With the annual haj pilgrimage fast approaching, many hujjaj have begun moving away from the holy city of Makkah towards the area of Azizia, with the hopes of spending a few days to mentally and physically prepare for the rigorous journey ahead.
Pilgrims from all corners of the globe have slowly made their way into the holy cities over the past few weeks, with estimates suggesting that more than 1 million hujjaj have already arrived in the Saudi Kingdom. As a result of expected congestion in Makkah over the next few days, many hujjaj have opted to move to Azizia on the outskirts of the city.
Amongst those to have undertaken the journey is Radio Islam presenter, Mufti Yusuf Moosagie, who described the atmosphere amongst the South African contingent as incredibly excellent. However, he admitted that there was a strong sense of sadness amongst pilgrims at having to leave the holy city.
“In that sense people feel slightly depressed, and saddened by the fact that they have to move away from the Baitullah, even though it is not that far away. After having spent such a long period of time, and having become attached and drawn to the spirituality of it, it is always difficult to move,” he said.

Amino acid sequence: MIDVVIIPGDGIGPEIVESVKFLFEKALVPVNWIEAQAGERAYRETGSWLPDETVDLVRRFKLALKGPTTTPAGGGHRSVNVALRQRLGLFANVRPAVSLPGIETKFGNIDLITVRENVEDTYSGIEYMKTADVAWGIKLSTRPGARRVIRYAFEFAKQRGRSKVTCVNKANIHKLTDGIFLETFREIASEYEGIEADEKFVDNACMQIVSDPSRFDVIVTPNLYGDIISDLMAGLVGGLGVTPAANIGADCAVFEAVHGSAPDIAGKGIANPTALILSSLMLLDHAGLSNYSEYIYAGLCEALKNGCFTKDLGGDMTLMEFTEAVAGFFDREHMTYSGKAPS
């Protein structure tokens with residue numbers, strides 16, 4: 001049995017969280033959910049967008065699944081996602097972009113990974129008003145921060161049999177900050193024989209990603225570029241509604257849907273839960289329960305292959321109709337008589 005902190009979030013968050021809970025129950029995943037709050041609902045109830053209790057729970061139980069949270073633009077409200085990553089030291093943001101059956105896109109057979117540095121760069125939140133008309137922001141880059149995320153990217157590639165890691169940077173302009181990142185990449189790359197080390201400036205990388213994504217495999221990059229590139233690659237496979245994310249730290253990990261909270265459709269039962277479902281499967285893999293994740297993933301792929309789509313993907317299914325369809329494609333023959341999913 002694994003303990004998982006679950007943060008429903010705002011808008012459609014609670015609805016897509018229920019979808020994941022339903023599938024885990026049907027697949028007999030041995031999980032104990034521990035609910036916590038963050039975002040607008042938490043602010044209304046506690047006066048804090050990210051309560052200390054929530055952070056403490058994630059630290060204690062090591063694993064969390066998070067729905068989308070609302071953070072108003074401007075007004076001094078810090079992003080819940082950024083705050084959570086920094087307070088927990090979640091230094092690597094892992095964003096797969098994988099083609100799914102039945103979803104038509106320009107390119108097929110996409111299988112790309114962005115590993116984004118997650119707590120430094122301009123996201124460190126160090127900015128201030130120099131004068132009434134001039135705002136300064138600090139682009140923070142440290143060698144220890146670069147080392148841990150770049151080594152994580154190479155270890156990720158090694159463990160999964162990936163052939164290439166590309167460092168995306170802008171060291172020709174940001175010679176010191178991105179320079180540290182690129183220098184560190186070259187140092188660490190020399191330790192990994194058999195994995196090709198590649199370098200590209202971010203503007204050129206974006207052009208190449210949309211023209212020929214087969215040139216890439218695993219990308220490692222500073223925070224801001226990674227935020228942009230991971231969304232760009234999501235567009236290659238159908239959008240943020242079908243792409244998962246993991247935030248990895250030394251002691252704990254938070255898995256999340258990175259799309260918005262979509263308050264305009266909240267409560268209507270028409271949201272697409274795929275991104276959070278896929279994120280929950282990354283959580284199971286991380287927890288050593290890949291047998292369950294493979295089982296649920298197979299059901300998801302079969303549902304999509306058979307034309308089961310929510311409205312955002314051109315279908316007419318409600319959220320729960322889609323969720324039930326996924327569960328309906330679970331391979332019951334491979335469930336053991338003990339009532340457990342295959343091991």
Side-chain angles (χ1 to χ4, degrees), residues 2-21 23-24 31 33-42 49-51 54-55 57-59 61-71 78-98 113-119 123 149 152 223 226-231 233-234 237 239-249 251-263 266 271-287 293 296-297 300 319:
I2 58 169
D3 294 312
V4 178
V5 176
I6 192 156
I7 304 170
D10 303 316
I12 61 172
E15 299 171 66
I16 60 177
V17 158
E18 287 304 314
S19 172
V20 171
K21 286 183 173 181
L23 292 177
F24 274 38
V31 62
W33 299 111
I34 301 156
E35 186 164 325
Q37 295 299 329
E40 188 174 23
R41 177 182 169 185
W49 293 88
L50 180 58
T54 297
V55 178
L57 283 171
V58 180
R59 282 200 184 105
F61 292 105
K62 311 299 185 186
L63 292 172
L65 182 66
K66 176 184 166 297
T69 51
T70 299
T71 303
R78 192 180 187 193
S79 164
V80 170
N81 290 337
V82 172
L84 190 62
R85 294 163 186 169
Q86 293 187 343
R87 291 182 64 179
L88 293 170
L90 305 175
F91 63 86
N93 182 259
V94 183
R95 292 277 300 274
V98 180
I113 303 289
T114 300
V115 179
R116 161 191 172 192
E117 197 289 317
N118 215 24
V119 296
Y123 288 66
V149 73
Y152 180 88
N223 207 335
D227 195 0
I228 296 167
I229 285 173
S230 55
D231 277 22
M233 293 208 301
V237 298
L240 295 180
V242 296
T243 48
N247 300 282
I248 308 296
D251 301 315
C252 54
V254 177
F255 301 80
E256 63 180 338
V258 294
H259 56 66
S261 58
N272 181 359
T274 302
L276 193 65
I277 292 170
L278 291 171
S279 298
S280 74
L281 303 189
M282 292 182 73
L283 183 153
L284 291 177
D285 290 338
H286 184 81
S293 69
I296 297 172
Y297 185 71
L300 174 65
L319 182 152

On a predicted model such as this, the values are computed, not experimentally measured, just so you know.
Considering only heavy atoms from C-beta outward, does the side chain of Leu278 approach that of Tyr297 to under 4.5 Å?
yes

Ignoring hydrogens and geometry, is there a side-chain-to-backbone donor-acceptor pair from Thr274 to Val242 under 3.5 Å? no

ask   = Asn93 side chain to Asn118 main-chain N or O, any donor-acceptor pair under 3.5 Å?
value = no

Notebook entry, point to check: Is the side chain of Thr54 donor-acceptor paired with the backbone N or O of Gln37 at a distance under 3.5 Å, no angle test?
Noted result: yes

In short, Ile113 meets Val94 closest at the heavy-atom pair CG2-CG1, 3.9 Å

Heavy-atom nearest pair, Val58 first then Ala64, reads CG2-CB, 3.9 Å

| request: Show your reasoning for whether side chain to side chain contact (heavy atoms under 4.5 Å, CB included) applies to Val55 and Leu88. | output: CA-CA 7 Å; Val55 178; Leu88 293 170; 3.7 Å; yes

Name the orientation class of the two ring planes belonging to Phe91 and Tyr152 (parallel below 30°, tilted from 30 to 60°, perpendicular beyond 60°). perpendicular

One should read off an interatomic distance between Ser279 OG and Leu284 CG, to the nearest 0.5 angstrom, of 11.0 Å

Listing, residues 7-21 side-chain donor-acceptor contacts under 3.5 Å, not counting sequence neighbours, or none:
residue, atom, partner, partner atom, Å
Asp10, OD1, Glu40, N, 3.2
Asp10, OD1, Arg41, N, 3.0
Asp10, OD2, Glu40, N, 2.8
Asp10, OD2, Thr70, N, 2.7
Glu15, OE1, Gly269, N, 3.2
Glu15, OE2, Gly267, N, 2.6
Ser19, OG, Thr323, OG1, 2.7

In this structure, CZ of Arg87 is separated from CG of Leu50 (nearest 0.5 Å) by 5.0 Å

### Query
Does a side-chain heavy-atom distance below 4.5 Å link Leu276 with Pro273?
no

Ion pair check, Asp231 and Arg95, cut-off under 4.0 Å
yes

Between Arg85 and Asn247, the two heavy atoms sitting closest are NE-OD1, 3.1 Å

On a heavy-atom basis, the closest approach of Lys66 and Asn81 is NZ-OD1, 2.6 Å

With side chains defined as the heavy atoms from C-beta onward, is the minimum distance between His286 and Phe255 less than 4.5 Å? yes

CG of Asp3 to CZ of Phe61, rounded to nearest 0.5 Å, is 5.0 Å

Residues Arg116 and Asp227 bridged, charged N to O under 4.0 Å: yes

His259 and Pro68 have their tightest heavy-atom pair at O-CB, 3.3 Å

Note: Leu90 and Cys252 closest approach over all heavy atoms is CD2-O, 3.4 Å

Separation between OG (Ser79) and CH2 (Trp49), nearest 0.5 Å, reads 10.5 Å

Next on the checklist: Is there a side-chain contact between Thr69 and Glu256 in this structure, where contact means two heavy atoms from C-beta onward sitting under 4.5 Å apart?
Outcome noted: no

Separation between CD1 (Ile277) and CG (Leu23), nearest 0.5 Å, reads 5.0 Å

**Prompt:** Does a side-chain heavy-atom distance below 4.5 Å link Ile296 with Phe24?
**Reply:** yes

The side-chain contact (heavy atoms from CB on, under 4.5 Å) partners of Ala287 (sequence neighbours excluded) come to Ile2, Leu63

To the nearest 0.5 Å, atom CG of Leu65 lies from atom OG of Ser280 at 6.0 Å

According to him, this would now provide hujjaj the chance to reflect, prepare, and acquaint themselves with the finer details of how the days of haj would unfold. It would also allow them to physically prepare for the approaching journey.
Part of the congestion has been caused by major ongoing constructions taking place in Makkah. As a result, 40% of the Haram has not been made available for the use of pilgrims. This was leading to many hujjaj being forced to perform salah outside the Masjid itself.
“This entire influx of 1 million hujjaj is being cramped into 60% of the capacity of the Haram, and you can imagine how cramped and crowded it is,” he explained.
Pilgrims have since been urged to come to the mosque up to an hour before each prayer, to avoid missing out on space. Moosajie noted that with Jumuah approaching, hujjaj were being advised to enter the Haram as early as 09:00am.
Despite the issues, he insisted that everything was falling into place with only a few minor hiccups being noted.
“There will be small difficulties and challenges, but that is the nature of journey,” he said.”
Hajj 1435 is expected to take place between the 2nd and 6th October. VOC (Mubeen Banderker)